5. Leatt MTB 3.0 Lite glove
Sizes: S-XL | Weight: 32g | Rating: 9/10
Reasons to buy: Great feel. No bunching. Light.
Reasons to avoid: Tight to get off.
The Leatt MTB 3.0 is so light it’s almost like you’re not wearing a glove at all, but Leatt boosts ride feel by using its MicronGrip palm material. This is ultra-thin, but it moulds easily to the contours of your hand and offers an unparalleled level of grip, both in the dry and wet, and for such a thin layer, it also wears extremely well. To keep the weight low, the MTB 3.0 Lite is a pull-on design, but pulling it on is really tricky – we went up a size and it was still a struggle.
For such a lightweight glove there are a lot of features crammed into the MTB 3.0. It’s tricky to pull on, but the fit and feel are superb.
Sizes: S – XXL | Weight: N/A | Rating: 9/10
Reasons to buy: Thin palm gives great feel and feedback without bunching. Durable (so far).
Reasons to avoid: Palm isn’t preformed, so takes a bit of time to wear into shape.
The Scrubs not only fit well, they kept chill winds off without getting too hot, and have lasted longer with stitching and seams intact than other similar minimal, thin-palmed models we’ve really rated such as the discontinued Troy Lee Sprints.
Nothing comes close to this classic glove
Colours: Black, fluo orange, fluo yellow, white, camo, grey, neon pink | Sizes: S-XXL | Rating: 10/10
Reasons to buy: Amazing glove at a great price. Unimpeded dexterity, yet toasty warm.
Reasons to avoid: Not fully waterproof. Needs to be under 5ºC or they’re too hot.
As winter spreads its icy tentacles across the trails, it is now time to wrap your hands up all nice and cosy inside a pair of superlative 100% Brisker gloves. There’s just enough insulation to ward off the cold without leaving your fingers numb of feel. So you still get maximum feel through your palm and fingers to tell you what’s going on beneath your wheels. A winter must-have at a bargain price.
So comfortable you won’t notice you’re wearing them, even if everyone else does
Sizes: XS, M, L, XL, XXL | Weight: 57g | Rating: 9/10
Reasons to buy: Extended cuff. Touch screen compatible. Underneath Velcro closure.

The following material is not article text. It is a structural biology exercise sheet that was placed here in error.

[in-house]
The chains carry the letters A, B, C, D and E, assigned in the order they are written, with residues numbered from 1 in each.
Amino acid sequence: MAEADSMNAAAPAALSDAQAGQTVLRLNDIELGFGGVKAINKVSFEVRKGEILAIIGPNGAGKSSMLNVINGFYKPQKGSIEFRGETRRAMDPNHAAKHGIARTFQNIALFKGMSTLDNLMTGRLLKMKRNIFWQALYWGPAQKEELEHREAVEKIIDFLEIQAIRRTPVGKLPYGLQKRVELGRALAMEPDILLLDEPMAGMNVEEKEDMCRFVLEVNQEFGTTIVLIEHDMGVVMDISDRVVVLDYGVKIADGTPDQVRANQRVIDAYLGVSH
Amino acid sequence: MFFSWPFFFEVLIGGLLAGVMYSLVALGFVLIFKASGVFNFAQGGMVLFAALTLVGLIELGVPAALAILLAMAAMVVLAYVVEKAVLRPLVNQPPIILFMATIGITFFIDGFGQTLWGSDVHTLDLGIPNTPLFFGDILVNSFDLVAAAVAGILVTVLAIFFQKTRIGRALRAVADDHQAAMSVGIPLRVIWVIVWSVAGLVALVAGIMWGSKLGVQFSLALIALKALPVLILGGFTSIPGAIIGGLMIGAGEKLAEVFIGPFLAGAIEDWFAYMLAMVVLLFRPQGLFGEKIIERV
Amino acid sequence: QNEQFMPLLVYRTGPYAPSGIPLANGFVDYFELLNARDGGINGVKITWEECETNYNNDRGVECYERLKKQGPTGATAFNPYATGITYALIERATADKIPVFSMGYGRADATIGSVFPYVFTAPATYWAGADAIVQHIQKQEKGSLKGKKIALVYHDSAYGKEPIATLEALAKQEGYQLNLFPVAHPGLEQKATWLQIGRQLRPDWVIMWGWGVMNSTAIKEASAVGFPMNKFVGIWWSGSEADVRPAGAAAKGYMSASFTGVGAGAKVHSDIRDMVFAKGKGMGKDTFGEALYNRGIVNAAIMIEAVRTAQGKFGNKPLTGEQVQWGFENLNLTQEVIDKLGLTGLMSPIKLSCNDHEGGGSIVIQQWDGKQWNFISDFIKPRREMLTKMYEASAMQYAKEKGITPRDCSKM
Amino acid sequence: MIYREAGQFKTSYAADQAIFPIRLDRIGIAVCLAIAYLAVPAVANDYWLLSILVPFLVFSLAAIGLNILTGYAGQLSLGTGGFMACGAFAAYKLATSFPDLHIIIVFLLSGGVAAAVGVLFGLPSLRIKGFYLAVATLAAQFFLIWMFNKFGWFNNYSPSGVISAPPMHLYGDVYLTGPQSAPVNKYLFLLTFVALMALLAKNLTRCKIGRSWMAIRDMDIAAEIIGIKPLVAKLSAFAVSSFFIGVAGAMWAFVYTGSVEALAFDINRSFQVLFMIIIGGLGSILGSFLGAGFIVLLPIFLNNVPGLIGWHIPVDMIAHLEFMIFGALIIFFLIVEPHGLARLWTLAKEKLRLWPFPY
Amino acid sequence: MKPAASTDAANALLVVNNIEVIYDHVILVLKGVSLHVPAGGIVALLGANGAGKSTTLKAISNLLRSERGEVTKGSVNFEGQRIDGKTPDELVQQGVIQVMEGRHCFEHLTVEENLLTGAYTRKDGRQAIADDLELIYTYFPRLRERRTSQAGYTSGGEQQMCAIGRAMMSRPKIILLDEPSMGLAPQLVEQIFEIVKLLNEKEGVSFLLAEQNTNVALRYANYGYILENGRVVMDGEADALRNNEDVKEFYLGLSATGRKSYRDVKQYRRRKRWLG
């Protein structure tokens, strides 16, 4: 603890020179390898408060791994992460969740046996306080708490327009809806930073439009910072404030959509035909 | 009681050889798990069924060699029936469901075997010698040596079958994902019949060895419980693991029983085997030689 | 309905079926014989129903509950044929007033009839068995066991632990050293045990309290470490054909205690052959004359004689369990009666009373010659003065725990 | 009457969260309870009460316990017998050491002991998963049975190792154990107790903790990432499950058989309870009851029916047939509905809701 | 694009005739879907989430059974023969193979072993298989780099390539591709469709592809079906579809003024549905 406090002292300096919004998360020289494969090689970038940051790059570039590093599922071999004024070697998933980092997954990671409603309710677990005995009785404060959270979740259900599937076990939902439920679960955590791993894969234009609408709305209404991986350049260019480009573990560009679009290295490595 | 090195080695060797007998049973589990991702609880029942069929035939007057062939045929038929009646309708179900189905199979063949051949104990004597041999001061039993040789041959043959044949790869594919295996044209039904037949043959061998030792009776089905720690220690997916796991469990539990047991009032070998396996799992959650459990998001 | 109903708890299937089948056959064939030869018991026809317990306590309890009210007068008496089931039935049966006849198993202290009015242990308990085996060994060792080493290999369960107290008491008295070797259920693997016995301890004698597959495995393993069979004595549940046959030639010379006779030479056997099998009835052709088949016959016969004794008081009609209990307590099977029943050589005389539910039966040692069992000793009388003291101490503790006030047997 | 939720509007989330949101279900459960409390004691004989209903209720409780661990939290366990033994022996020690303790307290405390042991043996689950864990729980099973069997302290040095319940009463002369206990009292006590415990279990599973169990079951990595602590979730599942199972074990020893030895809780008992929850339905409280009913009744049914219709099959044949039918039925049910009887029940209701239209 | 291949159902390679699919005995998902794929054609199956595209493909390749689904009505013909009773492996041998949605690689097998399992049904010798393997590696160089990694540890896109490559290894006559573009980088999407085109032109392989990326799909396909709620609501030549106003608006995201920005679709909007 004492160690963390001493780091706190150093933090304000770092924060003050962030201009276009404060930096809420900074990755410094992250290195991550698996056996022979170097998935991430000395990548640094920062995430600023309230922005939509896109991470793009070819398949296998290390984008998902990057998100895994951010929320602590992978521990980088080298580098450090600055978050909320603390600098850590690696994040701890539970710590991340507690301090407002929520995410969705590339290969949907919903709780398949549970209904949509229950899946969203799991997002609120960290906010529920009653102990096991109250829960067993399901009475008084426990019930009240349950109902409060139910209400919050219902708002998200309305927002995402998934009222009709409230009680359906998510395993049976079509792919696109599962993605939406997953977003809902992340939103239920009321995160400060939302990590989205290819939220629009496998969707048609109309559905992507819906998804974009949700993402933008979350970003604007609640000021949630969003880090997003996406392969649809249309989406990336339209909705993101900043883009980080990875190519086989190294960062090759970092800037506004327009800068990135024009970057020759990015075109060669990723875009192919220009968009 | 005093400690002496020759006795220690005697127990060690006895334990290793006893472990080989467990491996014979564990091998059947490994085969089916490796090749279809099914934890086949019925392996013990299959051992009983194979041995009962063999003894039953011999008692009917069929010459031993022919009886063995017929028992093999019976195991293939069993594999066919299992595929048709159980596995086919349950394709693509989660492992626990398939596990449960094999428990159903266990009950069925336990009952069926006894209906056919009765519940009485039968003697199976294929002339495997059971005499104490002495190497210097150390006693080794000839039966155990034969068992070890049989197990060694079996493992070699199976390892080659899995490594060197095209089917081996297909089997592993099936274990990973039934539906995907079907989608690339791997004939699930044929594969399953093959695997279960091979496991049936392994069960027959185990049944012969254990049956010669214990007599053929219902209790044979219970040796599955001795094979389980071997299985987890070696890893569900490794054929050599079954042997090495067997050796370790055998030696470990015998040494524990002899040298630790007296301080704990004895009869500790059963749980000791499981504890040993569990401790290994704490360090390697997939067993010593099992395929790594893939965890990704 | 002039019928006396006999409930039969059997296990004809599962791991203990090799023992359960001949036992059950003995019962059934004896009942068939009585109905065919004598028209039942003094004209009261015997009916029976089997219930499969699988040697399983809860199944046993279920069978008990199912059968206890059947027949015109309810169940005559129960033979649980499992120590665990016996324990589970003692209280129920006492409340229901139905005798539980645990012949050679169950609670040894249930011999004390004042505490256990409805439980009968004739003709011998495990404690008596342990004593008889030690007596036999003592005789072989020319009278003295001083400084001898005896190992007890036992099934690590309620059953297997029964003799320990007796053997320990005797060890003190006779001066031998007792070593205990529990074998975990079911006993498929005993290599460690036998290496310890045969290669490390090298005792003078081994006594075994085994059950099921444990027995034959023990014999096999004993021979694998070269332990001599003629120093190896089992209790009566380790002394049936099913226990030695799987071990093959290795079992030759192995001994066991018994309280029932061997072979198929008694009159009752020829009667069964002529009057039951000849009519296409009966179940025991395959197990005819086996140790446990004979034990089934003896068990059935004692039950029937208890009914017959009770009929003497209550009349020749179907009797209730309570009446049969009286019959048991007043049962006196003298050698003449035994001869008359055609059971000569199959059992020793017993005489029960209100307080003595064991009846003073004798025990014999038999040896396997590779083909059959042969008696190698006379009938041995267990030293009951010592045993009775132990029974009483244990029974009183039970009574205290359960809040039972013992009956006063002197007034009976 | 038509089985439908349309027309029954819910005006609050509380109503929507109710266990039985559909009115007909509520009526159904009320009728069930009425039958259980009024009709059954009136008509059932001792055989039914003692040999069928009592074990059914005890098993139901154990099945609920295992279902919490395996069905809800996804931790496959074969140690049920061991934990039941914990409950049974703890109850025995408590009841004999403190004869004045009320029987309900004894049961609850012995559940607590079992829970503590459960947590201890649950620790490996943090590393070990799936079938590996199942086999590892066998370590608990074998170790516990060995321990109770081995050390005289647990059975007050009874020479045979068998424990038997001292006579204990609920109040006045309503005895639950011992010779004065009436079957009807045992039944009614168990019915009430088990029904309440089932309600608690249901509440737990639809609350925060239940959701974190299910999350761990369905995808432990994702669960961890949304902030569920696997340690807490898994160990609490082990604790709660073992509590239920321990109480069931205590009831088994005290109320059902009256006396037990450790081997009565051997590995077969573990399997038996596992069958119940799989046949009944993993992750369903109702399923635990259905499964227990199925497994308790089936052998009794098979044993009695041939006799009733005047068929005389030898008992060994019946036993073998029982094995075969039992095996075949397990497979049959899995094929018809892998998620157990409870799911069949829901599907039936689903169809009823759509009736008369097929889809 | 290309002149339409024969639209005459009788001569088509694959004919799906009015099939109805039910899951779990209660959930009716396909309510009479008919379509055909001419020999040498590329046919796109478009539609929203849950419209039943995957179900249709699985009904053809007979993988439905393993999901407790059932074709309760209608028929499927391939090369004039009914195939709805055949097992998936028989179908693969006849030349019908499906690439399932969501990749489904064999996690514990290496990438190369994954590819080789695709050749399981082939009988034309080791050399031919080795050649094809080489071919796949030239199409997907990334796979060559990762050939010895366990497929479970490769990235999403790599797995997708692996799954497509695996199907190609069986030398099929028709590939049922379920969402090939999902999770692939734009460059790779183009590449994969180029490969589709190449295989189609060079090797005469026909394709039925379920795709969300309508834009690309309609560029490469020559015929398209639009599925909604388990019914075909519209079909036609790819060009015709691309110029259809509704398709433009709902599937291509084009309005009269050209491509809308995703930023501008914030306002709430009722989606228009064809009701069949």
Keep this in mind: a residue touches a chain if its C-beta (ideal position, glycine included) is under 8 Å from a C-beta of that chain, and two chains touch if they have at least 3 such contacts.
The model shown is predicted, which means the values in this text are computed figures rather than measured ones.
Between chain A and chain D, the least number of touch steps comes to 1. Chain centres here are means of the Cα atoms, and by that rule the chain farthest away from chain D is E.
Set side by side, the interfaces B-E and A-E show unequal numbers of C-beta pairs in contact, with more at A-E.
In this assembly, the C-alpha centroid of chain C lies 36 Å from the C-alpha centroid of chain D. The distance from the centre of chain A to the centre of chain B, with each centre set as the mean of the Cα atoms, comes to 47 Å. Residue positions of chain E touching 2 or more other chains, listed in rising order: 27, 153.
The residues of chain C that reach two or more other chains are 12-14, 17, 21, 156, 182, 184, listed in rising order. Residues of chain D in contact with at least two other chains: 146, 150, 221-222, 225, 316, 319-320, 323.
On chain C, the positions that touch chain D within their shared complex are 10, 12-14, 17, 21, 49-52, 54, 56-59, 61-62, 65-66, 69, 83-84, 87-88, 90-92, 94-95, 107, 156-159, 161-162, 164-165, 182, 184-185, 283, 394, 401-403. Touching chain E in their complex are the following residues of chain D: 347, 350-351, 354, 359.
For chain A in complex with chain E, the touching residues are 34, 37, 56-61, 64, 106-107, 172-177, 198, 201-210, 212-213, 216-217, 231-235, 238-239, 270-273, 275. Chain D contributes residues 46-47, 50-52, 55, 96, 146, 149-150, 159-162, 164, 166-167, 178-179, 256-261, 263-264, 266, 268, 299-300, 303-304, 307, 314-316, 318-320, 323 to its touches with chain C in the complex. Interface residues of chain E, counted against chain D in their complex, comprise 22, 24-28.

Reasons to avoid: If you’re rocking long nails then the fingers are too short.
If you want to stand out from the crowd, Fist has you covered. But if we ignore the design for a moment, what you have here is a quality riding glove. The back of the glove is made from a four-way stretch twill spandex, which fits really well across the knuckles but also feels supportive. The palm is hard-wearing Clarino leather, or rather synthetic leather.
Priced at the going rate for a high-spec riding glove, the Fist Aerobix has some neat details. The fit, feel and durability (so far) are all good too. What Fist has got going for it is the absolute variety of different designs available, from plain Jane to Kim Kardashian, there’s something for everyone.
Toasty alternative from the mighty Fox head
Colours: Black, fluo | Sizes: S-XXL | Rating: 9/10
Reasons to buy: Better for Baltic temps than the 100% Brisker.
Reasons to avoid: Not quite as dexterous.
Ranger is well articulated to hand shape and finger lengths, and snug with an unobtrusive palm feel and solid grip connection. The weatherproof outer fabric has a semi-neoprene feel and fends off freezing wind and wet effectively, and the extra fleece inside makes these slightly toastier and better insulated than 100%’s Brisker glove.
Great UK any-weather option
Weight: 66g | Sizes: M – XXL | Rating: 8/10
Reasons to buy: Designed in the UK – and the details show.
Reasons to avoid: Not available in smaller sizes.
Madison make a lot of Durable Water Repellent (DWR) garments. And most of them are called Zenith. These are the Zenith DWR gloves and, unsurprisingly, they are designed to be worn when it’s wet. Not necessarily cold and wet – Madison being a UK based company know full well that it’s more often mild and wet conditions that prevail here.
As such, these aren’t winter warmer gloves (use liner gloves with them if you require), they are excellent any-temperature wet weather apparel.